« Back to home

Safer Jenkins pipelines on kubernetes

Jenkins and kubernetes are a great combination. I love the concept of leveraing container technology to provide any build tools that you might require. However in many case the examples provided are not always the best or most secure.

In Section 10.2.2 Building your image of Mannings Microservices in Action the following Jenkins Pipeline script is suggested:

def withPod(body) {
  podTemplate(label: 'pod', serviceAccount: 'jenkins', containers: [
      containerTemplate(name: 'docker', image: 'docker', command: 'cat', ttyEnabled: true),
      containerTemplate(name: 'kubectl', image: 'morganjbruce/kubectl', command: 'cat', ttyEnabled: true)
    ],
    volumes: [
      hostPathVolume(mountPath: '/var/run/docker.sock', hostPath: '/var/run/docker.sock'),
    ]
 ) { body() }
}

withPod {
 node('pod') {
    def tag = "${env.BRANCH_NAME}.${env.BUILD_NUMBER}"
    def service = "market-data:${tag}"
    checkout scm
    container('docker') {
      stage('Build') {
        sh("docker build -t ${service} .")
      }
    }
    container('kubectl') {
      stage('Deploy') {
        sh("kubectl --namespace=staging apply -f deploy/staging/")    
      }
    }
  }
}

In this script there are three things that bother me:

  1. Mounting the docker socket
  2. Depending on docker
  3. The kubectl image

In this blog I'll explain the issue with each of these three points and I'll provide a solution that solves these issues.

Mounting the docker socket is bad

Docker runs a root also the owner of /var/run/docker.sock is root. This means that anyone with access to that file can get root access.

An exploit can be pretty simple as seen on Stack Overflow. Thanks cyphar!

The danger of using this with Jenkins is also explicitly mentioned by Peterm Benjamin on dev.to

Kubernetes without Docker

With modern kubernetes configurations is might very well be the case that Docker is not installed on any of the nodes. This has a simple reason. You only need a Container Runtime Interface (CRI). Read more about this on kubernetes.io

One of the most widely use implementations is Containerd. Containerd in fact is part of Docker!

Mounting the docker socket without Docker installed will just result in errors like:

Cannot connect to the Docker daemon at unix:///var/run/docker.sock. Is the docker daemon running?

Pick your docker images

Pick your dependencies wisely! This also goes for docker images. I always check for two things:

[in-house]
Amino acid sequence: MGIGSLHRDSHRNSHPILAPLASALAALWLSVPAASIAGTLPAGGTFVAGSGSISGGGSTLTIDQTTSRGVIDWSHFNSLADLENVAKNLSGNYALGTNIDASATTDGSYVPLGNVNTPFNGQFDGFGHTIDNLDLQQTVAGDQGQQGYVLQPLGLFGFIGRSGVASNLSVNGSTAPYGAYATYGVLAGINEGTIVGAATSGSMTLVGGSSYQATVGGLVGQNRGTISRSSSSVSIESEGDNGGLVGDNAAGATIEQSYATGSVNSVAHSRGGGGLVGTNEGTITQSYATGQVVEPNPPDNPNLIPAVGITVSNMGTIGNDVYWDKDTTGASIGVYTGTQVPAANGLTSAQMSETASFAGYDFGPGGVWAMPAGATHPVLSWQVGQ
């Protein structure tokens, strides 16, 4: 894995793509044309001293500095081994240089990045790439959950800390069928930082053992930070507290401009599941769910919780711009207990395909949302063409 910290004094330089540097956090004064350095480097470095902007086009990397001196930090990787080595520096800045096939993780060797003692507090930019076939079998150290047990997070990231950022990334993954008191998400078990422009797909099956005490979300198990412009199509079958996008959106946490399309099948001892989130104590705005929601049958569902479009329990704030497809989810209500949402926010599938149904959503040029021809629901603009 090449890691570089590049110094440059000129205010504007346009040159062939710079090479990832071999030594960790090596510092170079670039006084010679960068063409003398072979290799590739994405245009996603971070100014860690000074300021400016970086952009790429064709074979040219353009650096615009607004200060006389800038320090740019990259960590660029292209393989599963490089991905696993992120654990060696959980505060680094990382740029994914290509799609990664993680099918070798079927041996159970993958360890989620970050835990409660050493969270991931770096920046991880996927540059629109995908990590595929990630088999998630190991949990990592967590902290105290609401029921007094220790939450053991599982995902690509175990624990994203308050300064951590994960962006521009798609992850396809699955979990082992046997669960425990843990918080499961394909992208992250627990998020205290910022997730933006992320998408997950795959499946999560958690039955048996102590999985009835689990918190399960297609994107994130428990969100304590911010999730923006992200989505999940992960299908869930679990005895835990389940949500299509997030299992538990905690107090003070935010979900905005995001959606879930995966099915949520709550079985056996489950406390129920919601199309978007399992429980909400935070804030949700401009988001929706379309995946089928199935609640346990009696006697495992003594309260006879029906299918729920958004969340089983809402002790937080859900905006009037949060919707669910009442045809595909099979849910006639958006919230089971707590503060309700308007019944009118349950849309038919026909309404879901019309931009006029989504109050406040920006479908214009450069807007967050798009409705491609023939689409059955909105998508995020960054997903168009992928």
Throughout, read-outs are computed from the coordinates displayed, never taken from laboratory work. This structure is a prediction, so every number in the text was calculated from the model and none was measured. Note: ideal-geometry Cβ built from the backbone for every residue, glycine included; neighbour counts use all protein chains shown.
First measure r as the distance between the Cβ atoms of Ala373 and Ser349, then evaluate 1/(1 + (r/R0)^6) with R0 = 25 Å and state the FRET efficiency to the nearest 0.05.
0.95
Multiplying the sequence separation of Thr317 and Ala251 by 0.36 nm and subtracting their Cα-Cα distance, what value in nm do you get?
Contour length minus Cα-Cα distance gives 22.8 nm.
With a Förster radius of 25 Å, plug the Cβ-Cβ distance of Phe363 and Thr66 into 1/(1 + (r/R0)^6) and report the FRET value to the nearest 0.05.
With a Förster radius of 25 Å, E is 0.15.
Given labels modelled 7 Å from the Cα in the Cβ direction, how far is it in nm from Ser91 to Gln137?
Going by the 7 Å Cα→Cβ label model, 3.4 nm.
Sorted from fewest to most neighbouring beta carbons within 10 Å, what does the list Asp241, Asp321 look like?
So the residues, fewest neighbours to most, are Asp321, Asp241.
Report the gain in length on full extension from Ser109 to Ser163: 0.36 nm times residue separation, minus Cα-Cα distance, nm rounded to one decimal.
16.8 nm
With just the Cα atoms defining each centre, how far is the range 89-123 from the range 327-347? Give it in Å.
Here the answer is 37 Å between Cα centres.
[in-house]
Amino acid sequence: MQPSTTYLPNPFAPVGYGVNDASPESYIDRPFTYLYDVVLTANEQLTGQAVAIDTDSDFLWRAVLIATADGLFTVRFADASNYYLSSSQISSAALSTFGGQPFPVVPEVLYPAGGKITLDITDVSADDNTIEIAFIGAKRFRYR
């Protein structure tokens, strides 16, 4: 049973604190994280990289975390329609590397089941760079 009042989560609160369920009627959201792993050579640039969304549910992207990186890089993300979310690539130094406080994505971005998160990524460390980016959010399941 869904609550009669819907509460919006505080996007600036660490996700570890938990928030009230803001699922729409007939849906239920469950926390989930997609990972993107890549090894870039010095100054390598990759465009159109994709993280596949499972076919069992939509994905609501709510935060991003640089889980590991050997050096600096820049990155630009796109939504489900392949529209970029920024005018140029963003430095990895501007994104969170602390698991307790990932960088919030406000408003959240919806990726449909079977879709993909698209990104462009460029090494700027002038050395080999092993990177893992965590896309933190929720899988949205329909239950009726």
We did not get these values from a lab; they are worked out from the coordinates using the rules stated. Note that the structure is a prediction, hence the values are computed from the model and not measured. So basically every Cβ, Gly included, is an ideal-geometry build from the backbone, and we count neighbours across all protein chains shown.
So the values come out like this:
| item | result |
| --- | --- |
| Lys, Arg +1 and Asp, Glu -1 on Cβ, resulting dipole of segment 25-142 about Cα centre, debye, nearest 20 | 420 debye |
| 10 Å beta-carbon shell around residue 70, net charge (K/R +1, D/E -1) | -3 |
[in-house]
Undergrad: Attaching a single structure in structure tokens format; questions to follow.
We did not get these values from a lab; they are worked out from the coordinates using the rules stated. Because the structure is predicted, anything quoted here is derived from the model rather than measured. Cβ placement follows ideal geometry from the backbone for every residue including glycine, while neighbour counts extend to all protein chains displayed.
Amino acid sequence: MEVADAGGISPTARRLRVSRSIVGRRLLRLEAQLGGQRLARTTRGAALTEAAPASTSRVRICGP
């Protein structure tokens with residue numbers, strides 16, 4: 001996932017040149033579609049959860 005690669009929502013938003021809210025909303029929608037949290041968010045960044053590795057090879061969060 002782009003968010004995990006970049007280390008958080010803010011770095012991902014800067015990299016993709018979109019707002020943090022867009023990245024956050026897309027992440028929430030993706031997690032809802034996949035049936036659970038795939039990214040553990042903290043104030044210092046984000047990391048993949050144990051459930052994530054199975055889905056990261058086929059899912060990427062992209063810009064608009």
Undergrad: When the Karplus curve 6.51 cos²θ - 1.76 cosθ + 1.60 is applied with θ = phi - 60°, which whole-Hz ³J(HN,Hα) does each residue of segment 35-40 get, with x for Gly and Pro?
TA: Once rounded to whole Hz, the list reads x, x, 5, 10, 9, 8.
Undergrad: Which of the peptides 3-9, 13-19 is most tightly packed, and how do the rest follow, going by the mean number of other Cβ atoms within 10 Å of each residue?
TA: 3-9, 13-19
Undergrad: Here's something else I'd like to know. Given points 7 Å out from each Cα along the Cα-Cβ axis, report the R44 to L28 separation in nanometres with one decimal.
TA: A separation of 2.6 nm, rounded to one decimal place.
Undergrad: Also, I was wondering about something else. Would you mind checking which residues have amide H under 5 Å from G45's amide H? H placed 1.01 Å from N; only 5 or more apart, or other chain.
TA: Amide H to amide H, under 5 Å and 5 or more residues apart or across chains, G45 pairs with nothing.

1. Is the sourcecode available?
  2. Is the image activly maintained?

morganjbruce/kubectl is a no on both checks.

It appears the one of the authors of the book just made this image to accompany the book. There is no Dockerfile and it does not seem to be actively maintained. Don't get me wrong the book does a good job in explaining the concept. but htis is not a sutainable solution.

A better solution

Let's start with the Docker depenceny and security ussue. The are several tools to build Docker images. The following requirements make that list a bit shorter:

  • Run as container on kubernetes
  • Run unprivileged

I think Kaniko is the most promising. I have not tried img but will definitely do so another time.

My solution for the kubectl image is to take one of the list below. These have sources available and seem to be updated regulary.

Combining Kaniko and another kubectl image into a better solution:

def withPod(body) {
  podTemplate(serviceAccount: 'jenkins', containers: [
      containerTemplate(name: 'kaniko', image: 'gcr.io/kaniko-project/executor:debug', command: '/busybox/cat', ttyEnabled: true),
      containerTemplate(name: 'kubectl', image: 'nwwz/kubectl:debug-v1.18', command: 'cat', ttyEnabled: true)
    ],
    volumes: [
	  secretVolume(secretName: 'registrycred', mountPath: '/cred')
    ]
 ) { body() }
}

withPod {
  node(POD_LABEL) {
    checkout scm
    container('kaniko') {
      stage('Build image') {
        sh("cp /cred/.dockerconfigjson /kaniko/.docker/config.json")
        sh("executor --context=`pwd` --dockerfile=`pwd`/Dockerfile --destination=${service} --single-snapshot")
	  }
    }
    container('kubectl') {
      stage('Deploy') {
        sh("kubectl --namespace=staging apply -f deploy/staging/")    
      }
    }
  }
}

Please note that the script not only builds the image but also pushes it into a registry. Therefore add your credentials to the kubernetes cluster using this command:

kubectl create secret docker-registry registrycred -n build-env --docker-server=<your-registry-server> --docker-username=<your-name> --docker-password=<your-password> --docker-email=<your-email>

registrycred must match the name use in your Jekinsfile and the namespace must match the namespace that Jenkins uses.

Conclusion

Examples are often great but they serve a purpose. I guess the purpose of Mannings Microservices in Action is more a conceptual exampe than it is a production worthy example. In any case examples are just examples and should used as such. The proposed solution is no exception. It's merely an example of what could be done better.

But always be cautious about potential security issue and always check docker images that you depend on.

« Back to home